It’s an interesting way to liven up races – and discourage players from pinballing off other cars – but it doesn’t seem to go far enough. We’d like to see drivers holding grudges over several rounds of the same championship, rather than forgiving your sins once the chequered flag drops.
Crank the difficulty right up, and the AI gives you a pretty decent challenge. It’s a surprisingly engaging racing game, and while it’s not a super-nerdy sim, there’s still a basic handling model that provides a modest challenge even for keen drivers. Grid will educate you on the advantages gained from taking a good line through a corner, from hitting the right apex point and being adventurous in the braking zone, and though it’s not simulation-grade you’ll still learn a fair bit about basic racecraft from playing.
There’s damage modelling, and for an extra challenge you can have it dramatically affect your car’s ability to be driven. Races are too short to really require pit stops, but if you smash into a wall hard enough you can tear tyres off their rims, destroy your suspension and rip bumpers off your race car. Better keep off the walls if you want to cross the finish line, though the cars do seem able to absorb quite a bit of punishment before things get terminal.
A rewind system is present should you wish to hit ctrl-z on a fluffed corner, however Grid’s method of giving you just five rewinds per race encourages you to drive cleaner in the first place. We like that.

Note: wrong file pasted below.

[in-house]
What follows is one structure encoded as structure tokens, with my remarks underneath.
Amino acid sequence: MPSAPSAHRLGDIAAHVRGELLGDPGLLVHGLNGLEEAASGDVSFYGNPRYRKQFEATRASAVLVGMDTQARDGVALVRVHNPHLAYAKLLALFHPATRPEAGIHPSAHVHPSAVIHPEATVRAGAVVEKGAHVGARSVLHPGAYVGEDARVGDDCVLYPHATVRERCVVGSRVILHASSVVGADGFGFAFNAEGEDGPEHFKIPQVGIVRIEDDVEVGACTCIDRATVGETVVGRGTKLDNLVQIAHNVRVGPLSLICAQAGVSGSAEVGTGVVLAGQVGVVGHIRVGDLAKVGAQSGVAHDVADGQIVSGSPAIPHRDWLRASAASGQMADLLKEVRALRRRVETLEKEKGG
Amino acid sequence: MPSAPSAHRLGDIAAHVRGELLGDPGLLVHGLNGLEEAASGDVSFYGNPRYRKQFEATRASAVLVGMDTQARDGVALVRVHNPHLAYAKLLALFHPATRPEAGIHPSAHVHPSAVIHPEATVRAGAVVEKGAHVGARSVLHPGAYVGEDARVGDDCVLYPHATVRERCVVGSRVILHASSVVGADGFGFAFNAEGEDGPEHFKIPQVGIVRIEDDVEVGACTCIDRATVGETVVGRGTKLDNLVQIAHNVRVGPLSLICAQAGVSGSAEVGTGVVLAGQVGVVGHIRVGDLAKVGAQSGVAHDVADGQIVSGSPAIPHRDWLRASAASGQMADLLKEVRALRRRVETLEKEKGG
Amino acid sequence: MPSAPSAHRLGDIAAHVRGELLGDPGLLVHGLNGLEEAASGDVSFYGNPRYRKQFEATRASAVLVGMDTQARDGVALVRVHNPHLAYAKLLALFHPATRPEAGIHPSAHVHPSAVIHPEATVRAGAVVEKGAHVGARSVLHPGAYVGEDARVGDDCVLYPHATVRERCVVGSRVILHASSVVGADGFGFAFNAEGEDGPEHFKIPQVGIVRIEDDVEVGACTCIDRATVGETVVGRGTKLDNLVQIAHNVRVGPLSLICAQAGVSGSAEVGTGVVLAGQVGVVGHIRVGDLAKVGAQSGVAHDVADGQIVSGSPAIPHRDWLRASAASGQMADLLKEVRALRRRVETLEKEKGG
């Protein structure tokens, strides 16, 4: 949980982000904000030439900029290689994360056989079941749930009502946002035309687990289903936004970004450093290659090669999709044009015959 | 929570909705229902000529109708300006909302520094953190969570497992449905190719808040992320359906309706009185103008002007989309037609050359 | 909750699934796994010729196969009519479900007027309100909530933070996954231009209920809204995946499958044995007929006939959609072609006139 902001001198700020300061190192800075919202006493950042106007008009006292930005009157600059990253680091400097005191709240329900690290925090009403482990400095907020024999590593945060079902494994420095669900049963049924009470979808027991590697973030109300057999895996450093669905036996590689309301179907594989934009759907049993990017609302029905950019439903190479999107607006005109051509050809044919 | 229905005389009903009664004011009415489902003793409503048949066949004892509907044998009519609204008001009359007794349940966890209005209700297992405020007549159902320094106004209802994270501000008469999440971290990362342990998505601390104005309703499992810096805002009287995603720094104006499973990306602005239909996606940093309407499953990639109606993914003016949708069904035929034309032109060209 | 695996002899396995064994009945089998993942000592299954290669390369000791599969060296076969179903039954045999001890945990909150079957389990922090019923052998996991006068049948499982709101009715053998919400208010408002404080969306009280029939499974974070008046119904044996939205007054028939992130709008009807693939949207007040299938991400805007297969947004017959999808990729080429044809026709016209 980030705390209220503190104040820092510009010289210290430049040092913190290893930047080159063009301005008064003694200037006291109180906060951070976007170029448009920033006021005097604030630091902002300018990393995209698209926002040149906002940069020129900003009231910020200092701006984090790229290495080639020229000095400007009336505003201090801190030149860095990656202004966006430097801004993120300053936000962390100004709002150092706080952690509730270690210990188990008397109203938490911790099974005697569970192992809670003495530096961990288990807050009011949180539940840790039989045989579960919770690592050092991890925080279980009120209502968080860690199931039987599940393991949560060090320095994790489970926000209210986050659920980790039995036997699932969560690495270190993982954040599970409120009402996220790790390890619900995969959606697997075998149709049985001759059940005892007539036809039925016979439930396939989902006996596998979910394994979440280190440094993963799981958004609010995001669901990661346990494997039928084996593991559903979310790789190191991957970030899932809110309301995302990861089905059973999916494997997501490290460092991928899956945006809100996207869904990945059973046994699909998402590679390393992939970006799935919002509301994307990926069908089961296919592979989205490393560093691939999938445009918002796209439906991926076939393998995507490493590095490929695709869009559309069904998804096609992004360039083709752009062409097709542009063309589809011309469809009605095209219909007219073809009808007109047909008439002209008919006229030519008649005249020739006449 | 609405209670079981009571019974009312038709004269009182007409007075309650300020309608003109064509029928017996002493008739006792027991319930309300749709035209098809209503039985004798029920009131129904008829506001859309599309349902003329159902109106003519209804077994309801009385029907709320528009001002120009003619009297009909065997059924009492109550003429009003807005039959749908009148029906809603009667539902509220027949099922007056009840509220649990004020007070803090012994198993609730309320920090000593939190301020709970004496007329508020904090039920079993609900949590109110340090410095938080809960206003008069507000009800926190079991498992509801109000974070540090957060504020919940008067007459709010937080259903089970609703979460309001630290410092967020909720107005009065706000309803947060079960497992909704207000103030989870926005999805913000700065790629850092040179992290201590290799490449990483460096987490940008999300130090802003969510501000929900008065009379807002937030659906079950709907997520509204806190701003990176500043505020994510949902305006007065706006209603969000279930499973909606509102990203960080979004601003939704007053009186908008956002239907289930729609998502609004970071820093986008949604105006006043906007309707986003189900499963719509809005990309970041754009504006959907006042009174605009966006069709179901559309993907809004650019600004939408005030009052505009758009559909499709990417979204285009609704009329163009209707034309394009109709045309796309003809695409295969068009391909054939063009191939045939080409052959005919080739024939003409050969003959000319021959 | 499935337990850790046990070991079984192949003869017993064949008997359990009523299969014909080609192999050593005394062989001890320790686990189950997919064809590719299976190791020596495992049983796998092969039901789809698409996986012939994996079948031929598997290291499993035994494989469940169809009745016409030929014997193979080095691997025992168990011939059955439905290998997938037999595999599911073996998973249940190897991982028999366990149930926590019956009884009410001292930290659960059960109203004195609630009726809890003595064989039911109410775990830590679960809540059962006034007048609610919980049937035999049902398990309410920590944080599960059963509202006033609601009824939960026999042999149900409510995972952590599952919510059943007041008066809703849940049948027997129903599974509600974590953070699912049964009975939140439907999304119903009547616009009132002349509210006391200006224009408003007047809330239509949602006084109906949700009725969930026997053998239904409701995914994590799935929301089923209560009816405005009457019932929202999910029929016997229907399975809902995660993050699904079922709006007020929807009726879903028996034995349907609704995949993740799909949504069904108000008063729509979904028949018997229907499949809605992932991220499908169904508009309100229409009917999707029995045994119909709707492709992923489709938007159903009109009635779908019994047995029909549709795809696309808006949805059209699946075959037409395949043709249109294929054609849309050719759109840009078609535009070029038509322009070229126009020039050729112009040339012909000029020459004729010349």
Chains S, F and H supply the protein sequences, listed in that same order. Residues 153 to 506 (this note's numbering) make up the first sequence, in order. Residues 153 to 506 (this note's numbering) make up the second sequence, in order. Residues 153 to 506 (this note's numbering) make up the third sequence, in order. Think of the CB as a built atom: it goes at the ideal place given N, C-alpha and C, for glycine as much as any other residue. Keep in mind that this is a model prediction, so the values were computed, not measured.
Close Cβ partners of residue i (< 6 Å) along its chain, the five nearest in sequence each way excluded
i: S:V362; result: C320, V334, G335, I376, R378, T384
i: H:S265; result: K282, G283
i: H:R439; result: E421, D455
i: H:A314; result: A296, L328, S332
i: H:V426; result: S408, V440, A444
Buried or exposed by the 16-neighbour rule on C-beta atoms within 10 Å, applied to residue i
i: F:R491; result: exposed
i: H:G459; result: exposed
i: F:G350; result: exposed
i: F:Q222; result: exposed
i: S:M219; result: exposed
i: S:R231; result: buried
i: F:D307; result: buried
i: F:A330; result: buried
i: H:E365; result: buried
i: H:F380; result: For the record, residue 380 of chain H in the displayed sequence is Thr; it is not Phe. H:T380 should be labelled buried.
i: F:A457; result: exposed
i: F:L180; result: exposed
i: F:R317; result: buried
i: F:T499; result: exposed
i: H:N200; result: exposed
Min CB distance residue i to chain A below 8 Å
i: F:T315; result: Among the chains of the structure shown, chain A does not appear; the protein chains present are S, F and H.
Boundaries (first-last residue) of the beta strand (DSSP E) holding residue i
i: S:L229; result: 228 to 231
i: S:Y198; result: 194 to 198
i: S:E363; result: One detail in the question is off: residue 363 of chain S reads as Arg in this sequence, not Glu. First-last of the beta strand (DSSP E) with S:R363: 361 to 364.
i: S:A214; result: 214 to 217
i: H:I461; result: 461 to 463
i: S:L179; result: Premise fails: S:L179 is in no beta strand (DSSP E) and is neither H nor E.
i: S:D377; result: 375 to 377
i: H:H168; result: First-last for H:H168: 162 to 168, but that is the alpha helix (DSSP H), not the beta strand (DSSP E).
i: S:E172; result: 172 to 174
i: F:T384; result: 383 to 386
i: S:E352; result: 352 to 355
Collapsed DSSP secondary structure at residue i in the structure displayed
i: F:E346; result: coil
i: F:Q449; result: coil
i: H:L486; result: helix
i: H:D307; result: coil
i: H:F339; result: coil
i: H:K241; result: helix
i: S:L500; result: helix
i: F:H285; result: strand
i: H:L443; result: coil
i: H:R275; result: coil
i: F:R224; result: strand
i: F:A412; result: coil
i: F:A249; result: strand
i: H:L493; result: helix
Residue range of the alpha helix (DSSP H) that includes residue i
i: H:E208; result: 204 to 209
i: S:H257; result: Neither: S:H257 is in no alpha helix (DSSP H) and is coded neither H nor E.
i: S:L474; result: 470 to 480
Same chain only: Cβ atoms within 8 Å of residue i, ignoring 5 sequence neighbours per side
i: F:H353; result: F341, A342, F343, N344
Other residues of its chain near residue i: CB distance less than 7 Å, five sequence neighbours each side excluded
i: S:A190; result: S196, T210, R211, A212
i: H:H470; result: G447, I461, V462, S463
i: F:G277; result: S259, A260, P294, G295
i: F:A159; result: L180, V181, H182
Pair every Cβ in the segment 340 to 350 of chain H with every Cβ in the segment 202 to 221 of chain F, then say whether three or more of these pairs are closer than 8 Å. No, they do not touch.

Are there any downsides to Grid?
If you’re a tinkerer, then Grid might frustrate. Customising your car isn’t really a thing in Grid, whether it’s cosmetic changes to bodykits and wheels, or mechanical upgrades to your engine, suspension or driveline.
It’s obviously a deliberate effort to limit complexity and also keep every car on a fairly even pegging with their class competitors, but we’d like more than just basic adjustments to suspension, gearing and vehicle livery.
Coupled with the fairly limited selection of cars within each vehicle class, it feels as though that Grid’s vehicular menu isn’t really diverse enough to maintain long-term interest – especially as you simply aren’t allowed to put cars from one category up against cars from another. A TCR-versus-Super Modified battle would be entertaining, we think, but you just can’t do it.
There’s only a handful of tracks too, and the race roster can start to feel mighty repetitive real quick. Grid attempts to inject some variety by mixing things up with reverse configurations and short/long versions of the same track, but that just means it takes you forever to actually come to grips with a single circuit.
Codemasters promises more cars and tracks in DLC and running updates, but right now it’s a bit sparse in there.
Graphics aren’t what we’d call cutting-edge, at least not on the Xbox One S version we tested. Texture quality and vehicle model detail levels are generally on the low side, and dynamic shadows and other lighting effects aren’t employed to any great extent.